The Loneliest Jukebox

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Thursday, October 21, 2004


Chav, charva, pram-face, chip-shop ... as the list of insults grows - some being added to the dictionary - so too does the media preoccupation with these delightful folk (a.k.a ordinary people outside the narrow worldview of the media industries). Popularised by a website, British pundits who'd spent years cultivating political correctness finally got to relax a bit and let rip at those they see as white trash. Were we in danger of becoming a sneer nation, asked the Independent. Or was it all harmless fun? The ambiguity was summed up when the anonymous Chavscum webmaster became upset and defensive after students started posting eugenic solutions to the 'Chav problem' on his message boards. What did he expect? The same sort of confusion was expressed by sports journalists trying to make sense of the recent Football Factory movie (click here to buy the DVD). It leads to editorial conflict in the offices of a certain educational publication, where some editors like to name school students in articles 'Darren' and 'Sharon' as a coded way of saying white trash, in line with the prejudices of some of their readers/teachers.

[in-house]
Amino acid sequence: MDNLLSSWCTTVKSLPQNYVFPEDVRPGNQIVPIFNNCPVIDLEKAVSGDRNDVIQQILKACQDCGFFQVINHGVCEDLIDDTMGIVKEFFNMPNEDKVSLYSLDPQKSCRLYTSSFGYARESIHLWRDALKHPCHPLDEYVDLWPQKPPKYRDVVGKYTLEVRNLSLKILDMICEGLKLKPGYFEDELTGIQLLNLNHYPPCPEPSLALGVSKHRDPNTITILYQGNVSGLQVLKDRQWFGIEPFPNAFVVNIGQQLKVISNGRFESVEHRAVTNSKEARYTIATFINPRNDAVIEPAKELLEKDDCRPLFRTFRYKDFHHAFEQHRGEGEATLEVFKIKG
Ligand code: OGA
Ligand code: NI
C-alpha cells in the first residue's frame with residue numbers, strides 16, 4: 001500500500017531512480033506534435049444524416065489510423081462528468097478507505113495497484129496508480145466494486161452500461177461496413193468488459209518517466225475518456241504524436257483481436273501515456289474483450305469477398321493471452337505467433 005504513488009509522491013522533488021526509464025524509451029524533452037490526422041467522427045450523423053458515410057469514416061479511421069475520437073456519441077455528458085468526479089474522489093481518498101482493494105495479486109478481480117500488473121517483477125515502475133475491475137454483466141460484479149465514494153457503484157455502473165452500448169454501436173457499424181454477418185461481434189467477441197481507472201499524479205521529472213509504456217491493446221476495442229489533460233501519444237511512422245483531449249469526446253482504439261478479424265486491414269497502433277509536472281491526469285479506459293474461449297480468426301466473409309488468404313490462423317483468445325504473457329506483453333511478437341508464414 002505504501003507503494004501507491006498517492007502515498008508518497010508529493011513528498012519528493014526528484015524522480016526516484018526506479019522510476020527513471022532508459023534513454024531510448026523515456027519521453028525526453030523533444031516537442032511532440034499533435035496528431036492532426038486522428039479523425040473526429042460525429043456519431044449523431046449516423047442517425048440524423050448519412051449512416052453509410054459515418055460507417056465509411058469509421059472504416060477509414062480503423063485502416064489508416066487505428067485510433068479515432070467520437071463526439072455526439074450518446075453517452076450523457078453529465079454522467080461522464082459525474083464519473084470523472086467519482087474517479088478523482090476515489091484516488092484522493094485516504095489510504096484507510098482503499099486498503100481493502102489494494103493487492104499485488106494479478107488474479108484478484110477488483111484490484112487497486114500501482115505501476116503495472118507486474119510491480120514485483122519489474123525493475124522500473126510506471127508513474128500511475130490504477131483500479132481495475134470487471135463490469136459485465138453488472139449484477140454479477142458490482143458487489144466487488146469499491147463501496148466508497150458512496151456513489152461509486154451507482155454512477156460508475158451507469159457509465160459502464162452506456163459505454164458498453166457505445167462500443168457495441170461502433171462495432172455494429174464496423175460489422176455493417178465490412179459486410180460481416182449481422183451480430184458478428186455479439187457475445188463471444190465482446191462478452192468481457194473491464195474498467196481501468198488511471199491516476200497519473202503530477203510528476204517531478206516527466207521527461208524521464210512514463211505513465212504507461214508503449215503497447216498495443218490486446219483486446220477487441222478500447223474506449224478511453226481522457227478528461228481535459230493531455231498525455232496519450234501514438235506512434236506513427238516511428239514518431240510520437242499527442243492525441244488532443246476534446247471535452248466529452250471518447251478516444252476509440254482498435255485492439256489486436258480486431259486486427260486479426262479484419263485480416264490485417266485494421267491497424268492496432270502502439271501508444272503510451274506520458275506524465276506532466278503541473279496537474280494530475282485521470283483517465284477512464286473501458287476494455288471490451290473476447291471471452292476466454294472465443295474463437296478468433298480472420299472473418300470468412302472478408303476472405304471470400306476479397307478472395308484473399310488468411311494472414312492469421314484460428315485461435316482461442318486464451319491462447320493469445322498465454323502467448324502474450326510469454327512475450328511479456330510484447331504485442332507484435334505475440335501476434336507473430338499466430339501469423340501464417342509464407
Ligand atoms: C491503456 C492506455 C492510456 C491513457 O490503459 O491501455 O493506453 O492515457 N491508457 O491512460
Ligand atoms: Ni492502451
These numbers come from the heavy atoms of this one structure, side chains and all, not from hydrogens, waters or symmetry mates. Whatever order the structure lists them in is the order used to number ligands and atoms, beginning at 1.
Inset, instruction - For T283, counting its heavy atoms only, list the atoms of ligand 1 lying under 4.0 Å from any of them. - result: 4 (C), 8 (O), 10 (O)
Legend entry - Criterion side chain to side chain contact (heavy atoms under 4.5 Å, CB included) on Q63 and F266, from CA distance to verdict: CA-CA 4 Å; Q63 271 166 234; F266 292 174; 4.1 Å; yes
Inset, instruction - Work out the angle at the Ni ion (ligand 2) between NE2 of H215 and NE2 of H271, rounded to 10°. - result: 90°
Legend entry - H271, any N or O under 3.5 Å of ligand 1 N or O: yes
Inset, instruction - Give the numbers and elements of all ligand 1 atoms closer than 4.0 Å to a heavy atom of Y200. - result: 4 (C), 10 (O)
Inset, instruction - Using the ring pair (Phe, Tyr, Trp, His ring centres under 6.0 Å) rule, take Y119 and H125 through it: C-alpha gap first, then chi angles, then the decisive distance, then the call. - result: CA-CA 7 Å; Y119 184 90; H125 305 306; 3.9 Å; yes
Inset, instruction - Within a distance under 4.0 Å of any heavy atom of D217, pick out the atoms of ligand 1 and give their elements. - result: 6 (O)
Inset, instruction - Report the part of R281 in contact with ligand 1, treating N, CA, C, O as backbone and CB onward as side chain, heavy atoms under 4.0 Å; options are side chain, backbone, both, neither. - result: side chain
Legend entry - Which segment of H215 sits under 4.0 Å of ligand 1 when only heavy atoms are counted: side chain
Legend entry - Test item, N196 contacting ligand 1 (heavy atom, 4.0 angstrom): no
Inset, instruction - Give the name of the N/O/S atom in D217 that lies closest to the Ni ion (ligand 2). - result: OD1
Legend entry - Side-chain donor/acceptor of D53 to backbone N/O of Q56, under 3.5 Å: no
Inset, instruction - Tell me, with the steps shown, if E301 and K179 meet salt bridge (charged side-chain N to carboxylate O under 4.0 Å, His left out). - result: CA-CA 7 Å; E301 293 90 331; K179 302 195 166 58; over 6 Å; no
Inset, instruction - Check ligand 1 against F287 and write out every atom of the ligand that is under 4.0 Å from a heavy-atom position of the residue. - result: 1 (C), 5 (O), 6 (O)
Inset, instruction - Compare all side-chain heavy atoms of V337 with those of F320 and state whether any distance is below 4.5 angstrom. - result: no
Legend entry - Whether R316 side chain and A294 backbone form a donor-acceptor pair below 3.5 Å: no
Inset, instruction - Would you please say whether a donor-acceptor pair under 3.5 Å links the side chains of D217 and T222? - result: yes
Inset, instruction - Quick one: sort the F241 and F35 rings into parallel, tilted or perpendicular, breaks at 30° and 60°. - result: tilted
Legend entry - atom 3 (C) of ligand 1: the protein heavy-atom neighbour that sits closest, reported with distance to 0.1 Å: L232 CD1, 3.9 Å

Two cheers then for balloon-faced Julie Burchill, who is fronting a Sky documentary on the topic due out next year. Burchill has rightly gone on record as saying "White trash by any other name stinks yet the rank odour comes not from the despised trailer trash themselves, but from the creeps who use such charming examples of social-racism as 'pram face', 'chip shop' and 'chav-scum' to describe fellow human beings," she said [this link eventually turns into a subscription only page]. It's a bit rich coming from Elizabeth Murdoch's production company, when dad Rupert has used the Sun as a bully pulpit to popularise the idea of chavs (e.g. a 'Lord of the Chavs' top-10 virals JPEG). Sky TV does more of the same, setting up both my old local The Parkway Tavern and a boozer now closer to home (The Tavern on the Hill) as examples of Britain's Hardest Pubs. (Hype aside, I still don't fancy a drink in the Loudon Bar, which was also featured.)

The problem with Burchill is that she gets it wrong - e.g. on Iraq - more often that she gets it right (e.g. on asbestos poisoning). Given that most of her journalism is based on 'me me me', I fear her proposed celebration of 'Chav culture' will turn into a celebration of Julie Burchill.


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